When a person dies, his loved ones have two choices: to have the body buried or cremated. The popularity of cremation is rapidly increasing, but there are people who still choose to have a traditional burial for their deceased loved ones.
Which will you prefer for your loved one? What factors must you check to see which will be the better choice?
Personal Choice or Tradition
One of the main factors is the family’s personal preference. Families usually have a tradition to adhere to when a family member dies.
Some choose to bury their loved ones together with the other family members who have passed on as well. Some choose to cremate their loved ones and keep the urn inside their homes. Some families choose to bury their dead; this gives them a grave to visit on special days.
Other families don’t accept having their loved ones cremated just yet as they find it upsetting. In the end, it just boils down to whatever the family prefers to have.
Religion and other Cultural Beliefs
Religion and culture also play a part in deciding whether a person is to be buried or cremated.
Most religions have accepted cremating bodies except for religions Eastern Orthodox Church, Orthodox Judaism and Islam.
Hinduism has practiced cremation for long periods of time because it believes that not only you dispose the body but also help the soul during its travel to the next world. On the other hand, when a person is being buried, it symbolizes Christ’s burial and resurrection.
Price of Burial vs. Price of Cremation
Another main factor is price. Burials usually are more expensive: they require casket, flowers, tombstones, burial fees, cemetery plot, ceremonies, embalming services… other costs may still come up.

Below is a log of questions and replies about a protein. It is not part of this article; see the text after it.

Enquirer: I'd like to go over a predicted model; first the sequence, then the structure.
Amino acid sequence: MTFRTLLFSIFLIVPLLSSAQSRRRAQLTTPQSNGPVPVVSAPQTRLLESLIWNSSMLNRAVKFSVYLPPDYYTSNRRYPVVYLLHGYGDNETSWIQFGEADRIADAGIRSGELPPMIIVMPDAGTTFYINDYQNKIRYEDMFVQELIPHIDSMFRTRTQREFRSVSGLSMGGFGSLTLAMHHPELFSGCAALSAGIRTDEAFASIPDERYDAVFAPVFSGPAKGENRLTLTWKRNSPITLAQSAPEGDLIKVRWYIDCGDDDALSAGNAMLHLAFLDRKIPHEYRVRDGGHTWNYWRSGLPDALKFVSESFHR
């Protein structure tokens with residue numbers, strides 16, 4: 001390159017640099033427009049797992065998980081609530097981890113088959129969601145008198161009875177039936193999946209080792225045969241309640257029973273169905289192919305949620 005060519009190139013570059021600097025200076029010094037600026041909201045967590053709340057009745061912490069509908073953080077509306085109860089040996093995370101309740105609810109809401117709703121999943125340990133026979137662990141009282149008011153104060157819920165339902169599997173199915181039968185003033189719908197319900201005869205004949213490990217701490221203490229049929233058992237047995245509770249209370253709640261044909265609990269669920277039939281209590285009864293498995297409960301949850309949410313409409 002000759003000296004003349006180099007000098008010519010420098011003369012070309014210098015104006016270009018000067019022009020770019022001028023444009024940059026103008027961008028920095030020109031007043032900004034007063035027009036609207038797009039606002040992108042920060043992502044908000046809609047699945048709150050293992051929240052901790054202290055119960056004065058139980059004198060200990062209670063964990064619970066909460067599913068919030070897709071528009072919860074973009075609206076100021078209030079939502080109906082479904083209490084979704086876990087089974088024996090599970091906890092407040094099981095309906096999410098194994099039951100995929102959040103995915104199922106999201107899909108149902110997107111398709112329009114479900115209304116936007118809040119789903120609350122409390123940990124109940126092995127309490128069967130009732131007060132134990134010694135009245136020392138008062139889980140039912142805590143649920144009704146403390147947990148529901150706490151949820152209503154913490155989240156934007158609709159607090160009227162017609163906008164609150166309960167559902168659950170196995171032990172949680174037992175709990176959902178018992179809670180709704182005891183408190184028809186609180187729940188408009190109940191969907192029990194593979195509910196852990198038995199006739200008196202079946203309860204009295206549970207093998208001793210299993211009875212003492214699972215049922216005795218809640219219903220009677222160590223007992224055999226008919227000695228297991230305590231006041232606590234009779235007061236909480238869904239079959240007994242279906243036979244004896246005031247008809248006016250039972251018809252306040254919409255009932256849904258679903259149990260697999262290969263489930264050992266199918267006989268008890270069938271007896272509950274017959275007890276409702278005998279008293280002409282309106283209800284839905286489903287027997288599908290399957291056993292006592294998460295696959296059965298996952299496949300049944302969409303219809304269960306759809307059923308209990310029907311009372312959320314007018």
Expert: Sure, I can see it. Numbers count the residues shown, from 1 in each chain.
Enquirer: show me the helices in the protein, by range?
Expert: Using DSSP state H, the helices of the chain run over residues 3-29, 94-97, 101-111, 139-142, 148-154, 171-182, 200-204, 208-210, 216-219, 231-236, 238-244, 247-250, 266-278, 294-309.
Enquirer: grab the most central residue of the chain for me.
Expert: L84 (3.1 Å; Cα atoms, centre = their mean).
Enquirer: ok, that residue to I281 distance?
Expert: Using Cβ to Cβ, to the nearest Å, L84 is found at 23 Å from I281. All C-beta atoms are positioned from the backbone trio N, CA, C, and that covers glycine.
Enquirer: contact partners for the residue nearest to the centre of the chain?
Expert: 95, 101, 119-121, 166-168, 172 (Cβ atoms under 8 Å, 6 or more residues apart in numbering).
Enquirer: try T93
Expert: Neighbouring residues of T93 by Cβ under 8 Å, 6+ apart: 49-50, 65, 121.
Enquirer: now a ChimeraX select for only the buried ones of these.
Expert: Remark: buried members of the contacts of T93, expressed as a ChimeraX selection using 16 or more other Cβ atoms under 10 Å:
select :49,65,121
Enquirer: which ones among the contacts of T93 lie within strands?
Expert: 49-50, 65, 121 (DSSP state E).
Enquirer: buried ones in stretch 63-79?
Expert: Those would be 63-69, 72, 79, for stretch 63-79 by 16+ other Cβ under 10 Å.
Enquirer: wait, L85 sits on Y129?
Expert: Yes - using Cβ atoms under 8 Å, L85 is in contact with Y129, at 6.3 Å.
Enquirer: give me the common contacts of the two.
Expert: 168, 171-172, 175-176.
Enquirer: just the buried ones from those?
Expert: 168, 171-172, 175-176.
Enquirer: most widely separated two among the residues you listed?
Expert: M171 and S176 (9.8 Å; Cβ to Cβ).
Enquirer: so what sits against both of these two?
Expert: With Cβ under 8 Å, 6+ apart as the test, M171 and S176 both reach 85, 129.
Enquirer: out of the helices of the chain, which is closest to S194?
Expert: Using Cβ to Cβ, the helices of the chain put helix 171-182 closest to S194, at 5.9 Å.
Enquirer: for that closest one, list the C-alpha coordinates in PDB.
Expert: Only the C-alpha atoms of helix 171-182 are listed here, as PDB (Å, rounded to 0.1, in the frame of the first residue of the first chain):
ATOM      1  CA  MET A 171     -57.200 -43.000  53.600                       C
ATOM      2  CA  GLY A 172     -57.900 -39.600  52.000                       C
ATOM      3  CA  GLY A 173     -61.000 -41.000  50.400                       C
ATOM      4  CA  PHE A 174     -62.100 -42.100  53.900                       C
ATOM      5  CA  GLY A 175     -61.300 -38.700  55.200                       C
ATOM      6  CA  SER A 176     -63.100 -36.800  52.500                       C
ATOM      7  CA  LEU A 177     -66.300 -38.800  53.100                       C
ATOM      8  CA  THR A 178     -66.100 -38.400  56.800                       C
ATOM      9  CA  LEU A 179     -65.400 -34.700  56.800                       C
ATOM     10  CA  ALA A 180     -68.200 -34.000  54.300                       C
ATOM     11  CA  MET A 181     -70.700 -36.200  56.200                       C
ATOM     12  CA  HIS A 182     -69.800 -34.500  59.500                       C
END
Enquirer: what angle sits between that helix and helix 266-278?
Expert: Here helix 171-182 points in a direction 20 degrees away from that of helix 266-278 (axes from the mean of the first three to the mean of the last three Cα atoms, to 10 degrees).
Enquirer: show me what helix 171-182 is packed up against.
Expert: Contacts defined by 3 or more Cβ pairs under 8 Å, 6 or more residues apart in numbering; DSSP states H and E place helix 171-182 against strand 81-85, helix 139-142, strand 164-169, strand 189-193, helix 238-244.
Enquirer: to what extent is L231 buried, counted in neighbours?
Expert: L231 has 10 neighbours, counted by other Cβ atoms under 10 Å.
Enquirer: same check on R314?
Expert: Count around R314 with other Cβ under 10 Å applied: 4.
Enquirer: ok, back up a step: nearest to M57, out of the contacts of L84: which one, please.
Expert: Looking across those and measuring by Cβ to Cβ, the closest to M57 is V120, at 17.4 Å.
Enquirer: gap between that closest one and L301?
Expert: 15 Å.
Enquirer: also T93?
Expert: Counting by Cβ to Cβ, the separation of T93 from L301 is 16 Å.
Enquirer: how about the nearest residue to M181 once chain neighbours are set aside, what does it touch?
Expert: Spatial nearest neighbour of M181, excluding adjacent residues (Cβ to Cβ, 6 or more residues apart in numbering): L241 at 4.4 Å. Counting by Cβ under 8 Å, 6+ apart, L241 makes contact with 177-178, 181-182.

Cremations, on the other hand, are cheaper and can even cost a third of what you might have spent on a burial. Cremation costs usually involve the cremating process, ceremony and burial; you no longer have to spend for embalming, viewing, casket and (may also include) the vault.
The Process Involved
A burial involves preserving the body to avoid early decay, also known as embalming. The body is laid on a casket, and a funeral is held so everyone can pay their last respects to the deceased.
After a few days, a burial is scheduled; it has to be planned in advance so the plot at the cemetery can be prepared by digging the space and placing the vault.
A cremation does not require embalming if it’s direct or if done in a timely manner. You’ll only need a casket if a funeral or viewing will take place.
The process will be held up to 48 hours after death – the body is examined and ensured to be ready for cremating. The entire process takes a couple of hours, and afterwards, the remains are stored inside an urn or other small containers.
What Happens After the Burial
You can also consider what you choose to happen with the remains. If the body is buried, you have a grave to go to, and other loved ones can also choose to visit at their own convenience.
If the body is cremated, the remains can be stored in an urn and kept in a place that you prefer. You can choose to keep the urn at home, buried inside a plot (although not as big if it were a burial), scattered on land, strewn at sea, or thrown over the air while riding a plane. You can even carry the urn with you if that’s what you prefer – and that’s not possible with a burial.